Ledger books were used by Plains Indian warriors to illustrate important events in their lives. The ledger books were acquired from traders and soldiers stationed at the various forts and posts throughout the West. At first, the books were used as a sort of War magic. Later, they were used to record and recall events, deeds, histories and ceremonies.
In the 1870s, many Southern Plains warrior/artists were incarcerated at Ft. Marion in St. Augustine, Florida. During this time, their illustrated ledger books became "commercialized" and were produced in large quantities for non-Native consumption. What fascinates me most about ledger art is the powerful primitiveness of the illustrations, and the fact thatmany of the artists participated in the depicted events.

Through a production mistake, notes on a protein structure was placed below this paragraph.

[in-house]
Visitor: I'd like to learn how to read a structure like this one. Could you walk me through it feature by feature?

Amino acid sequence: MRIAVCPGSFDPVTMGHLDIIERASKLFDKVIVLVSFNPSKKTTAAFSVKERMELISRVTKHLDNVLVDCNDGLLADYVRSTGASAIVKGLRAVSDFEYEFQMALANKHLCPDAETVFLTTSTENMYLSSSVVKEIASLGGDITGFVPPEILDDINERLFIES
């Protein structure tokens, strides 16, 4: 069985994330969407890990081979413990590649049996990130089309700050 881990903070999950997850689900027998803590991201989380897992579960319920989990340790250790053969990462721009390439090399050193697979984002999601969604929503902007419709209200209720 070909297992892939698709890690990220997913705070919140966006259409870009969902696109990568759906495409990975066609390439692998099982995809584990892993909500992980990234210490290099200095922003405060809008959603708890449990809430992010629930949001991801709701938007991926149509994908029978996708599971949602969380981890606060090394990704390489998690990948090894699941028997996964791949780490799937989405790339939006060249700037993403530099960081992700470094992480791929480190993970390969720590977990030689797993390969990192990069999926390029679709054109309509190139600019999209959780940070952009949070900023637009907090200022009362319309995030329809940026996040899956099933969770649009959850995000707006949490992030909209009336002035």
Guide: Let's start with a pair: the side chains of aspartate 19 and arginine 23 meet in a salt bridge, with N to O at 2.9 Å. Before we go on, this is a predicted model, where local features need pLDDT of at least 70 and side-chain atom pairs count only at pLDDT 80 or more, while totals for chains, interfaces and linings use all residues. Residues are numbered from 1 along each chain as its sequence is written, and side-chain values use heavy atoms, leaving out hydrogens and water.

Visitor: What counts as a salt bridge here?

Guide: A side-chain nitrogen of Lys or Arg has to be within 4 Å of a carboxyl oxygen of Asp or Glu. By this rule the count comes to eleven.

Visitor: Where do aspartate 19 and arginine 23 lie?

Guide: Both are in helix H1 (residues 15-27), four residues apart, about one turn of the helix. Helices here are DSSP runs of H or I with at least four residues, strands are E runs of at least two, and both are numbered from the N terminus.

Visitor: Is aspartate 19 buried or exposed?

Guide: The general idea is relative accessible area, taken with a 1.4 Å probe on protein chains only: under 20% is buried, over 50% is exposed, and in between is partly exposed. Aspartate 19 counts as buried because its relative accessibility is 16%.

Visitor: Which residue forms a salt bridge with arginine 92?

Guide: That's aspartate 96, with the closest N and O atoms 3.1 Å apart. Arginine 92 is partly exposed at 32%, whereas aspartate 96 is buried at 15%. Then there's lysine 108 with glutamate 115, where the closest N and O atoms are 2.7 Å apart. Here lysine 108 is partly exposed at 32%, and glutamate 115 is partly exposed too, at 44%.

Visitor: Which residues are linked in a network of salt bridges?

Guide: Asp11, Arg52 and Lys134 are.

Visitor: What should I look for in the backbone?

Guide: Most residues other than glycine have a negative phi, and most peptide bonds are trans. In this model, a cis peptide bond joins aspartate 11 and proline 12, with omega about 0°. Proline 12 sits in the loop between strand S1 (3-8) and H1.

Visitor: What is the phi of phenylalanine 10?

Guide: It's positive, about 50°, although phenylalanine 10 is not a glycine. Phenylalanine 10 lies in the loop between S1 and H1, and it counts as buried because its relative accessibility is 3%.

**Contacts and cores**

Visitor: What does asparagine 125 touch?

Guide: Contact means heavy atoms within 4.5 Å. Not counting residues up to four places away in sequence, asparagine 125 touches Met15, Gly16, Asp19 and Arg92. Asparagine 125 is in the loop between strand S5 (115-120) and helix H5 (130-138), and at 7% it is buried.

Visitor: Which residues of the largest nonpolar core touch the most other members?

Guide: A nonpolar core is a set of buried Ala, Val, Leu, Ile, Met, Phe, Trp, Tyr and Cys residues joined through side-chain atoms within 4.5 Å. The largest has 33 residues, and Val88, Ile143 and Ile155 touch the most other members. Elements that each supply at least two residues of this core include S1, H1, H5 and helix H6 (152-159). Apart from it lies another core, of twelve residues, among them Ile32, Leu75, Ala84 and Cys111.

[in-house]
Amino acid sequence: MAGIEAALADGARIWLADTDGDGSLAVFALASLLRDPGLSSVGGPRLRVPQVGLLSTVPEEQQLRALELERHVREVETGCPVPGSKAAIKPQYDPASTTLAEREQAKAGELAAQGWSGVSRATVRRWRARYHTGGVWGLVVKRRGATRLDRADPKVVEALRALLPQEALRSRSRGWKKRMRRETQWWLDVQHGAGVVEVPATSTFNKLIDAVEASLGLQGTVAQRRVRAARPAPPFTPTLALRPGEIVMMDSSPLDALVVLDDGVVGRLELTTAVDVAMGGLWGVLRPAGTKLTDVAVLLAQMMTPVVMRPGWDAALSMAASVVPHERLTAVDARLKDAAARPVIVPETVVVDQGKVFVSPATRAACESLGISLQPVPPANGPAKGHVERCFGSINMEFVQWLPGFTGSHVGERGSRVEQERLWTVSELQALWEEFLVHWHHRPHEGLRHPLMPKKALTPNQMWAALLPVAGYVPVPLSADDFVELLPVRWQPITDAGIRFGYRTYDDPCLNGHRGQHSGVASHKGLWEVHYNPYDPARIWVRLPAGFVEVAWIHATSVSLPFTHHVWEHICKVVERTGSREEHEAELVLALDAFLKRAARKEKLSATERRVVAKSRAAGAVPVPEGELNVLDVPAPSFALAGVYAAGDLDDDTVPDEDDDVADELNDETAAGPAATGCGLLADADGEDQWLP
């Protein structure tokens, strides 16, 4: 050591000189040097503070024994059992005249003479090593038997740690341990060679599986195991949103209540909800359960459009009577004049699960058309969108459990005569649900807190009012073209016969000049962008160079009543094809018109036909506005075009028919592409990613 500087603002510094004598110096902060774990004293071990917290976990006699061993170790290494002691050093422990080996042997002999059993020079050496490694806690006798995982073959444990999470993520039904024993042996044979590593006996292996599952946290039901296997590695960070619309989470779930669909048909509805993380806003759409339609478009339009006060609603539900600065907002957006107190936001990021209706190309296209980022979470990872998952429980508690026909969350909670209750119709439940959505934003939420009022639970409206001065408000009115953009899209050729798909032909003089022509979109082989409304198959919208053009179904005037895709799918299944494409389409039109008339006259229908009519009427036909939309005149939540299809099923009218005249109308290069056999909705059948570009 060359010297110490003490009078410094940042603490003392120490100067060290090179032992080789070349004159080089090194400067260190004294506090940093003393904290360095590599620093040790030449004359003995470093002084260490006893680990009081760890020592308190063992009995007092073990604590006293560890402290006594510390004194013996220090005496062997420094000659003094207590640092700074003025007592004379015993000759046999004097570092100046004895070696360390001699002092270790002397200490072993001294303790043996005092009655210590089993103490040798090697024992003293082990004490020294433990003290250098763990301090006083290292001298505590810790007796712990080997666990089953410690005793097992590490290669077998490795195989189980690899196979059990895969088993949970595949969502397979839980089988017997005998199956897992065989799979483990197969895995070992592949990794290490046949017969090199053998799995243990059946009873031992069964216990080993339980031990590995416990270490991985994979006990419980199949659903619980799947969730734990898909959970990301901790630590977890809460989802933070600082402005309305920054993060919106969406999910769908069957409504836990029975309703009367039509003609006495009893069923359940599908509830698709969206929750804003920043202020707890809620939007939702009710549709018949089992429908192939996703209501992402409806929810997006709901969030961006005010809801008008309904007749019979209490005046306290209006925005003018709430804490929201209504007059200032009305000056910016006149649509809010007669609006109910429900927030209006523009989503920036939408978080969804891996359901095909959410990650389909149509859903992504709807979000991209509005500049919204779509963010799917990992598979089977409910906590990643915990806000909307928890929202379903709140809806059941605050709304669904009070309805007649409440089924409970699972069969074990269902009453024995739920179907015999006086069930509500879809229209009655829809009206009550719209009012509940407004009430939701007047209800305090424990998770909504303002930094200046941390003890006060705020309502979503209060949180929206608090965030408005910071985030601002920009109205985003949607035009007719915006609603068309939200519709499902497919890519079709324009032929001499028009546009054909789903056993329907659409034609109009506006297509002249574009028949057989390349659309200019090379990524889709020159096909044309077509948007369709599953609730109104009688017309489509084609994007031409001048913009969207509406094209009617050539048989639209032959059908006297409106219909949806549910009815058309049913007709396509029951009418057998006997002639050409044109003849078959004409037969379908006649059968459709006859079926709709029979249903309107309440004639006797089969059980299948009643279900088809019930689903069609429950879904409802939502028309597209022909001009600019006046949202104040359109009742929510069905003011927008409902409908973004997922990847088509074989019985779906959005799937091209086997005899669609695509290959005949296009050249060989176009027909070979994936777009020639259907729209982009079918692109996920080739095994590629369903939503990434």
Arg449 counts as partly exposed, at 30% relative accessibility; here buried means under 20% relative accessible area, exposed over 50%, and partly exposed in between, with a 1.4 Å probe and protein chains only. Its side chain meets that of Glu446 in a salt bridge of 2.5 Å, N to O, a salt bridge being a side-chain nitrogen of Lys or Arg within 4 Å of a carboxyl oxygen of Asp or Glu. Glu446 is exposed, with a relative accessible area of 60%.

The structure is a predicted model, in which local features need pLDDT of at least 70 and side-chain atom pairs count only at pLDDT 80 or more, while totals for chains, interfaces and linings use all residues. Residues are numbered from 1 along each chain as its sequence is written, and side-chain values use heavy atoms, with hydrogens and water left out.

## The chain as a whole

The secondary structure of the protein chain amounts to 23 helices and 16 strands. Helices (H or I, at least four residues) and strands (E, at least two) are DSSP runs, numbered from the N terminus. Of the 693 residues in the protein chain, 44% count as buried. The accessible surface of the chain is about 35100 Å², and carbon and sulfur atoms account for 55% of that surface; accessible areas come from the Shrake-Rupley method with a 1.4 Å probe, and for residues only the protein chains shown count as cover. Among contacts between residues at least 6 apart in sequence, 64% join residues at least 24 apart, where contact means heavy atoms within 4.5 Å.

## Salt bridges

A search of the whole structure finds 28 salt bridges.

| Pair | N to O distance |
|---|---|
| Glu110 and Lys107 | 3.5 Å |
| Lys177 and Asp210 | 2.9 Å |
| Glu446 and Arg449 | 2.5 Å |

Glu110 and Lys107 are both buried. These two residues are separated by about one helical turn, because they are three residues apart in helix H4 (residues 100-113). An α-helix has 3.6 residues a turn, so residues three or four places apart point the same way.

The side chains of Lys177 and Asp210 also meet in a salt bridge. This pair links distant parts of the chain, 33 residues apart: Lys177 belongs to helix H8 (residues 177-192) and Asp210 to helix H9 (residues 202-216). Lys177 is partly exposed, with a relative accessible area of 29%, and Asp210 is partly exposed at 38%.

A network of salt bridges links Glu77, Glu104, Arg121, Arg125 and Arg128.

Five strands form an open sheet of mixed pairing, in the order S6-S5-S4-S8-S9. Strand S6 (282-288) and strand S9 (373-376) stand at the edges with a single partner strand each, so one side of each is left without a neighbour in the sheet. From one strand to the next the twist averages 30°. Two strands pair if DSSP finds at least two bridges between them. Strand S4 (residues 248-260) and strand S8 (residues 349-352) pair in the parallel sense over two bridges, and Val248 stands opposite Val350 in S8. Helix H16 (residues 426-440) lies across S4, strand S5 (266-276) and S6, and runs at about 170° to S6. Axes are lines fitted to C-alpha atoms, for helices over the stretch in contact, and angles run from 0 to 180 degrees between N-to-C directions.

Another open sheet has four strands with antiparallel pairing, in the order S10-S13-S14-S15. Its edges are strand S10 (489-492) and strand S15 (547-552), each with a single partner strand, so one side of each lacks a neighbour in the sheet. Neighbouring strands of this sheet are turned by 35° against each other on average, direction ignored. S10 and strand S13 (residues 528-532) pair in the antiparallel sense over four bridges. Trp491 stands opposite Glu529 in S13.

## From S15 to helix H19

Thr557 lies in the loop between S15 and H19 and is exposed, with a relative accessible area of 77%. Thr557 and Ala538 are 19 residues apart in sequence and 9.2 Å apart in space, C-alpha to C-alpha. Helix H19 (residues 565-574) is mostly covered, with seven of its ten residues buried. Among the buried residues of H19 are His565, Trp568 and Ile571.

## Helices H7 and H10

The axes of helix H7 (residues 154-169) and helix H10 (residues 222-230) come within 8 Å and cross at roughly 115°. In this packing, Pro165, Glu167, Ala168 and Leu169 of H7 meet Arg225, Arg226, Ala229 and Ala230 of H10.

The five pages pictured here, come from the Amiden Ledger. Most of the Illustrations are attributed to the Lakota warrior/artist, Cehu Pa or “Jaw”, who was at the battle of Little Big Horn.